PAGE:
Halle Berry plays a 911 operator in "The Call," a surprisingly tense, effective thriller.
Pretty teenage Casey (Abigail Breslin, no longer "Little Miss Sunshine") is abducted by a stranger in a parking structure. Locked in a car trunk, she manages to dial for help and reaches Jordan (Berry). Still haunted by a previous call that ended badly under similar circumstances, Jordan is determined that this girl be found alive.
Breslin and Berry are nervy and convincing, and as the plot intensifies, so does our anxiety. Briskly paced, "The Call" is as scary as "The Silence of the Lambs" except for the final few minutes. Berry gets to save the day but not before she strips down to a tank top. Dumb and dumber.
An eerie 'Silence'
Two men out for a drive in the German countryside pass a girl riding her bike. Slowly, the car backs up and follows her through a wheat field, and we are filled with dread.
Twenty-three years after that poor girl was found raped and murdered, another girl goes missing under eerily similar circumstances. We think we know the culprit (Ulrich Thomsen), but it is "The Silence" of the second man (Wotan Wilke Möhring) who was in the car the day of that first abduction that makes this film so compelling.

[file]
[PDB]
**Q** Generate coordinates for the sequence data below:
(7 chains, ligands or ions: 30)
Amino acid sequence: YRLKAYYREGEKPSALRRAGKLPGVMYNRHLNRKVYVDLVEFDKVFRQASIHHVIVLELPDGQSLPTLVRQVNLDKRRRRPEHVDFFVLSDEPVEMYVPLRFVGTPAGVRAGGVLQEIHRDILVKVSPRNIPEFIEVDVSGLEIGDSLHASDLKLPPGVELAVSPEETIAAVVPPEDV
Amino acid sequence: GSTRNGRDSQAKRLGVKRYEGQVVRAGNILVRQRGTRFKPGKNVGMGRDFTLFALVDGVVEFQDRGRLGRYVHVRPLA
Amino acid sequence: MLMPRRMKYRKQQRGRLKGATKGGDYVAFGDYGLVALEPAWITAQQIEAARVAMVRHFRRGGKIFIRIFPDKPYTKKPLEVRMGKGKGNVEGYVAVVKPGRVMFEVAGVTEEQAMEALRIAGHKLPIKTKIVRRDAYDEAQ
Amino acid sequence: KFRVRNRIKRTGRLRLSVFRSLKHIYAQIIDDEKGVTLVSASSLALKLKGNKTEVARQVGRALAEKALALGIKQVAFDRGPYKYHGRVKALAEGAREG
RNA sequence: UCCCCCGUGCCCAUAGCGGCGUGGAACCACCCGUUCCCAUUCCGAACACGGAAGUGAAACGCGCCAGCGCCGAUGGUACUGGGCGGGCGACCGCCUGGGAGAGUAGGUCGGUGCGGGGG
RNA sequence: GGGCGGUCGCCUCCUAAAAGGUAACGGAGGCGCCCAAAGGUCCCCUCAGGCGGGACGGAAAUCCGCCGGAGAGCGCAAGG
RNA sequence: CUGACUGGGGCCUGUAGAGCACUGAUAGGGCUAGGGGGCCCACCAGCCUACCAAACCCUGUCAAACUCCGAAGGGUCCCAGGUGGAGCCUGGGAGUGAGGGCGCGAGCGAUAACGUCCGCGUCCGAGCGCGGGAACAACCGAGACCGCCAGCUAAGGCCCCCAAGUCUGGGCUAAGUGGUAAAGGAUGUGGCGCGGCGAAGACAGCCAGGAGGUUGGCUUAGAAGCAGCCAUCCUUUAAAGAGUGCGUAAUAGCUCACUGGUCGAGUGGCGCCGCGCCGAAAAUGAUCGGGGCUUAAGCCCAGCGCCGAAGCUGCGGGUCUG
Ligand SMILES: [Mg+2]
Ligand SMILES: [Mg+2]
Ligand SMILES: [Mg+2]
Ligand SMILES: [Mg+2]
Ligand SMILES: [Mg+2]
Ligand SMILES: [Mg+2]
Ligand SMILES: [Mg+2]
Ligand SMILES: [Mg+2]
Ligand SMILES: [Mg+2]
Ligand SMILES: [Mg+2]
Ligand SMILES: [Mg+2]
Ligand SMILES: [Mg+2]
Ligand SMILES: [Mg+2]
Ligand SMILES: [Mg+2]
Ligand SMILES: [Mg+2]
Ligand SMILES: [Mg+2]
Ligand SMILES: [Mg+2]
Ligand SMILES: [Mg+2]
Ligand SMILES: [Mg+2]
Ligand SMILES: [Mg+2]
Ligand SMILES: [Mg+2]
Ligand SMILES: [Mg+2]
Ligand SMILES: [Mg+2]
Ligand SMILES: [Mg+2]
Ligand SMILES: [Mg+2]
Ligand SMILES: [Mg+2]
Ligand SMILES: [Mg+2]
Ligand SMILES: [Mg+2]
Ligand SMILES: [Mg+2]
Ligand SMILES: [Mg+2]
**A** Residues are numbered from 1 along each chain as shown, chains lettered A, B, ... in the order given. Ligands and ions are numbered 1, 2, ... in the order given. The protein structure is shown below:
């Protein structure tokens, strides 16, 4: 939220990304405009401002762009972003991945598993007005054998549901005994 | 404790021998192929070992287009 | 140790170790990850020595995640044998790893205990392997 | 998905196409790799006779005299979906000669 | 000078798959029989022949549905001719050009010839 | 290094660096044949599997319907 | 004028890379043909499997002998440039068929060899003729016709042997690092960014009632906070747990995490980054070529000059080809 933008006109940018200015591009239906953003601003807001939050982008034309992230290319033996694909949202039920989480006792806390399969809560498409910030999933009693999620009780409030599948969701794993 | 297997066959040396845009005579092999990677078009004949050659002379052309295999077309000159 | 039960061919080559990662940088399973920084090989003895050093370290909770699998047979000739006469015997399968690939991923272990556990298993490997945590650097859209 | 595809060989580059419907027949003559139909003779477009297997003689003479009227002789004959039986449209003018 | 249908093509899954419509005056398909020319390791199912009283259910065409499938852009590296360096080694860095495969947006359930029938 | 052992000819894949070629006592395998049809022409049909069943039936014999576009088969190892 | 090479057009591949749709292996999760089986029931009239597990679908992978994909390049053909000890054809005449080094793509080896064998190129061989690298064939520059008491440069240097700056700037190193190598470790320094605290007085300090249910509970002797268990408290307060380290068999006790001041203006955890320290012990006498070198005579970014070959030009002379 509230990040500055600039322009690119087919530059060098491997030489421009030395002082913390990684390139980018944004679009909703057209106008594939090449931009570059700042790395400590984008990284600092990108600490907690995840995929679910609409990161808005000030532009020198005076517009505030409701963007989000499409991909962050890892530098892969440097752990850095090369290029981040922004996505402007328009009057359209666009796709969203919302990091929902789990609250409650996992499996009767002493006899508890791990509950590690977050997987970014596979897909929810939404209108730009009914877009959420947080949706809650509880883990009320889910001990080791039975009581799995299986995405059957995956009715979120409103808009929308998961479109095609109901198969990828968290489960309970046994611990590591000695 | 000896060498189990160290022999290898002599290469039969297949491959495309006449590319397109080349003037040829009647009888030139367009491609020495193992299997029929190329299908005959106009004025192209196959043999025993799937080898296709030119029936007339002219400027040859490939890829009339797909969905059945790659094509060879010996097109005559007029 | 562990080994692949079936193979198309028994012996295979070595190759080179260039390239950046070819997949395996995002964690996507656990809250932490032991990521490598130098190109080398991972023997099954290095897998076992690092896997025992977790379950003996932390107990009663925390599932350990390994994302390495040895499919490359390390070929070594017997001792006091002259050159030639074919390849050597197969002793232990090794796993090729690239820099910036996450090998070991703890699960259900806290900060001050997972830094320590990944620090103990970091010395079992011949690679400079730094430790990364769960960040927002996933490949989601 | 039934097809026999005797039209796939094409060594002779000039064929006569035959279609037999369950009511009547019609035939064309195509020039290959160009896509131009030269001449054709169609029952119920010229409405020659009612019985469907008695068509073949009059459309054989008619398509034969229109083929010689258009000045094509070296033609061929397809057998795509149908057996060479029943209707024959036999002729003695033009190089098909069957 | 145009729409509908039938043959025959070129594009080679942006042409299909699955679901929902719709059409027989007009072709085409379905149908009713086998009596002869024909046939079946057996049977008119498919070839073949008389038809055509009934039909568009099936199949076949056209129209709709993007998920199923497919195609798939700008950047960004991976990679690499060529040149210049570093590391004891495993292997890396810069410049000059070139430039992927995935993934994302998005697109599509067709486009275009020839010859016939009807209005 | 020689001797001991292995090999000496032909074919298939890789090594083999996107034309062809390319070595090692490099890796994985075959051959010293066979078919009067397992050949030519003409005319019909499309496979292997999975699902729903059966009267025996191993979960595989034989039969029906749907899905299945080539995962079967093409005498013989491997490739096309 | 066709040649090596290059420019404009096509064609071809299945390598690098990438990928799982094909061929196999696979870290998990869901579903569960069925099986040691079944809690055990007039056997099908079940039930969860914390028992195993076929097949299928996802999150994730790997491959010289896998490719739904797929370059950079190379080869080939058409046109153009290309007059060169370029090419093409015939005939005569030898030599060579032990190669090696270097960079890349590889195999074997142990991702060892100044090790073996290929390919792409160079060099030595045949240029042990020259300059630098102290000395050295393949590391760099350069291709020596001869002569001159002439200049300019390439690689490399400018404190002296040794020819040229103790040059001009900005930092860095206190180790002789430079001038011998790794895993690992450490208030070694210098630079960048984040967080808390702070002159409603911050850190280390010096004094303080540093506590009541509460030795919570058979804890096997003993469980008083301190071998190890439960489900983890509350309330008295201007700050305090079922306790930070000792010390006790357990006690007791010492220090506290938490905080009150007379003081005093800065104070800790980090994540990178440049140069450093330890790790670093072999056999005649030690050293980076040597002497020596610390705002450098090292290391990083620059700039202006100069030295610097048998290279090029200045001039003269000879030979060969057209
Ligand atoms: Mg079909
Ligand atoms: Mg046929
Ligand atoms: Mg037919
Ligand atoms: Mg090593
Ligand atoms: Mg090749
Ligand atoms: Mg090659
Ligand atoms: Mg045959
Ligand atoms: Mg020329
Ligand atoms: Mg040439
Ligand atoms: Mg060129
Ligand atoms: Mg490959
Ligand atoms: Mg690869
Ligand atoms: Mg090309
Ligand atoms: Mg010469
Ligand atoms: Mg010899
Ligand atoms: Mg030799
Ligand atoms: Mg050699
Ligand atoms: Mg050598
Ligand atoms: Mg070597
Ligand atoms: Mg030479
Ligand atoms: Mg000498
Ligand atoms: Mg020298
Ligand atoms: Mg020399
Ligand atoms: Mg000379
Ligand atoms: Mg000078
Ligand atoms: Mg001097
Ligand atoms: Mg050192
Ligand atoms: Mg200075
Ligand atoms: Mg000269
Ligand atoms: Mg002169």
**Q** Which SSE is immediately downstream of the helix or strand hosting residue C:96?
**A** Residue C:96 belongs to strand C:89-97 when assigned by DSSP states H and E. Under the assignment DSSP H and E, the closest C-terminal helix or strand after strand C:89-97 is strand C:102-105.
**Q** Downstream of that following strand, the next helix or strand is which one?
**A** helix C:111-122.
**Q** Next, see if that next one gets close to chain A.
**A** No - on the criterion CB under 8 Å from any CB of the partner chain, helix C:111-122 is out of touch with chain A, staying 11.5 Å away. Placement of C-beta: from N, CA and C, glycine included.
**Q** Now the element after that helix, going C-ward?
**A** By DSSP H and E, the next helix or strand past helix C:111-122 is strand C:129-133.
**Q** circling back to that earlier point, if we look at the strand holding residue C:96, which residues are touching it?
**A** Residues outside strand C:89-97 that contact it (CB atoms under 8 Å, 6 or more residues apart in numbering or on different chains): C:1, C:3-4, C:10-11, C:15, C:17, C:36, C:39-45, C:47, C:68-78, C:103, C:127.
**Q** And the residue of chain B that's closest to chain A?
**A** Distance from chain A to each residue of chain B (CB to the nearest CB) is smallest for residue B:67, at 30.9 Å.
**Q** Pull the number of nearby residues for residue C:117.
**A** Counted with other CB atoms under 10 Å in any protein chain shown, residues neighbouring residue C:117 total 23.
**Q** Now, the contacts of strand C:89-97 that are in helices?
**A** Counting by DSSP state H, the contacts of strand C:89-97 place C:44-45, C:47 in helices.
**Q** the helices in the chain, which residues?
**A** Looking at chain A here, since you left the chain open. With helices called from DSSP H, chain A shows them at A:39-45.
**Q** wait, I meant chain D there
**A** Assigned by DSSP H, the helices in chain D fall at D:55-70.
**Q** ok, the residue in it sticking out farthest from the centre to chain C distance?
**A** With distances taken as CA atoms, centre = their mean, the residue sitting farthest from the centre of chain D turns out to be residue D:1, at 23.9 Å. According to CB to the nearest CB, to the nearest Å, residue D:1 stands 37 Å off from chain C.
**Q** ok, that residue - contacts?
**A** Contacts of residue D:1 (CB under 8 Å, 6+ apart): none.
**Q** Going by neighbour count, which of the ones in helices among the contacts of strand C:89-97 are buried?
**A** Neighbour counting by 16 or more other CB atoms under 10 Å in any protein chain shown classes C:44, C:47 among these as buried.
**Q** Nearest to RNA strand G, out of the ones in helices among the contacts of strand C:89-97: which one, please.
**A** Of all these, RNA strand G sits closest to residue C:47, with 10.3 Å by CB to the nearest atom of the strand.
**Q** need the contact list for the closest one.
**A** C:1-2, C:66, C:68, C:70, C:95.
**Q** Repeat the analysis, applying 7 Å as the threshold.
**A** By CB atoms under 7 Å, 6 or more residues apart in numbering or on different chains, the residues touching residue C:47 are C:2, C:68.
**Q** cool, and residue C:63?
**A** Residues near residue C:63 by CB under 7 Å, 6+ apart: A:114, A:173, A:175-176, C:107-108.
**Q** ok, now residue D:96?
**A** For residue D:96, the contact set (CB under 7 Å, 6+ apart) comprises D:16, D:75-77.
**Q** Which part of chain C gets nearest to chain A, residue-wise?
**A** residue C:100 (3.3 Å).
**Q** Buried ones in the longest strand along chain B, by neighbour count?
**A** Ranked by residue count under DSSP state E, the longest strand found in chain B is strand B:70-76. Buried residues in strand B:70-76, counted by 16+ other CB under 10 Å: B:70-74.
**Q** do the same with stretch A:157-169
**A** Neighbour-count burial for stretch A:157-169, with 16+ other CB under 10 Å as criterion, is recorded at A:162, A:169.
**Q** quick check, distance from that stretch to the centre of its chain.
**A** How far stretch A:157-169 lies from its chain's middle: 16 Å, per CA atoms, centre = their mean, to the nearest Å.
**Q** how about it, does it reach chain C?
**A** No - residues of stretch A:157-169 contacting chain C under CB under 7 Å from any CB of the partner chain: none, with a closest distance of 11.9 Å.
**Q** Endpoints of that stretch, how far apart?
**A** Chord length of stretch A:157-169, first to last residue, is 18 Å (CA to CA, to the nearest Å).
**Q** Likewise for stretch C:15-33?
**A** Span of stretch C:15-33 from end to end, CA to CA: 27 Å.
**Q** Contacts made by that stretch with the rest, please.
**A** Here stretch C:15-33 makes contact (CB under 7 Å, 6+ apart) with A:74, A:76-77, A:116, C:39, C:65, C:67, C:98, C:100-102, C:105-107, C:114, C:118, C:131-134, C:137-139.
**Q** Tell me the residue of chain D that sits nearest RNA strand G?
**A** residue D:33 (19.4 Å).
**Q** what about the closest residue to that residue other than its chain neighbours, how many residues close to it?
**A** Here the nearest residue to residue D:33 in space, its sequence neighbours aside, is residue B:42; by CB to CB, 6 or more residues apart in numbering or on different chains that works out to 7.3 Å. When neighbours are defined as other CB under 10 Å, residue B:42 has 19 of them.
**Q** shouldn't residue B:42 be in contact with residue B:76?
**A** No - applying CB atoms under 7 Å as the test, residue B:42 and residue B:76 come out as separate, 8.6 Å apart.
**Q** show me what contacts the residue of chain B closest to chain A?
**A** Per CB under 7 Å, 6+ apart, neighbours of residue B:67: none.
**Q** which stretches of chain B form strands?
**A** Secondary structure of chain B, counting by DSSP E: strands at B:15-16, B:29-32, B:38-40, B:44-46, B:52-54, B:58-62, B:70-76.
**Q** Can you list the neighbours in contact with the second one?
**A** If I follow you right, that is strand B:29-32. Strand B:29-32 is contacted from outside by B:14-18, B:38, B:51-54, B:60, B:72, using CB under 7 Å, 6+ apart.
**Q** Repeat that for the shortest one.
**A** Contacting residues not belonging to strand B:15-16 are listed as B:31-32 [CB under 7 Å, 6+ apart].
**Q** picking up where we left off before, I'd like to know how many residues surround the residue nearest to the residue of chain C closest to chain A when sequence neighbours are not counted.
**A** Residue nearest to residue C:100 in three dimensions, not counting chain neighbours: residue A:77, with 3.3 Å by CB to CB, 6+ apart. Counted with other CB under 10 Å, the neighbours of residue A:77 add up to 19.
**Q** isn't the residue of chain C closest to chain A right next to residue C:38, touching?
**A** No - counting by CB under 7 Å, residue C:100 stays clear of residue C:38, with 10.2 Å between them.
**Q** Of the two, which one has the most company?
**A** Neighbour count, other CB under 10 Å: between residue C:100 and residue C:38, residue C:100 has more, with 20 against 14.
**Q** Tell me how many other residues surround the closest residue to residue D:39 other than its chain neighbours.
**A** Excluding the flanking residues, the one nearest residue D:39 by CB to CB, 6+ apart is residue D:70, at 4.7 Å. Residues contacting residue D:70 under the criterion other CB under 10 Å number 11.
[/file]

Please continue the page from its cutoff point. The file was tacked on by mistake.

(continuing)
This is a haunting, well-acted mystery and study of grief, guilt and the smiling evils that lurk among us.
'Stoker' worthy of Bram
In "Stoker," Mia Wasikowska ("Alice in Wonderland") is a brooding teenager named India Stoker, whose doting father dies suddenly on her 18th birthday. She wanders about her family's sumptuous estate, recoiling from her mother, Evelyn (Nicole Kidman), who was lonely for attention even before her husband's untimely demise.
At the funeral, India is intrigued yet suspicious of a handsome stranger who shows up as her Uncle Charles (Matthew Goode). No one had ever heard of him before, but Evelyn welcomes him into her home and would likely welcome him into her bed as well.
The Stokers are every bit as creepy as the Addams Family, but with definitely more violent, twisted natures as unnerving as their perfectly placid faces.
Renowned director Chan-wook Park, in his first English language film, gives "Stoker" a '60s retro vibe, so I was startled to learn it's set in present-day Connecticut. The story doesn't always make sense, but Wasikowska is oddly compelling in this lurid, gothic tale.
John Depko is off this week.
SUSANNE PEREZ lives in Costa Mesa and is an executive assistant for a company in Irvine.Copyright © 2015, The Baltimore Sun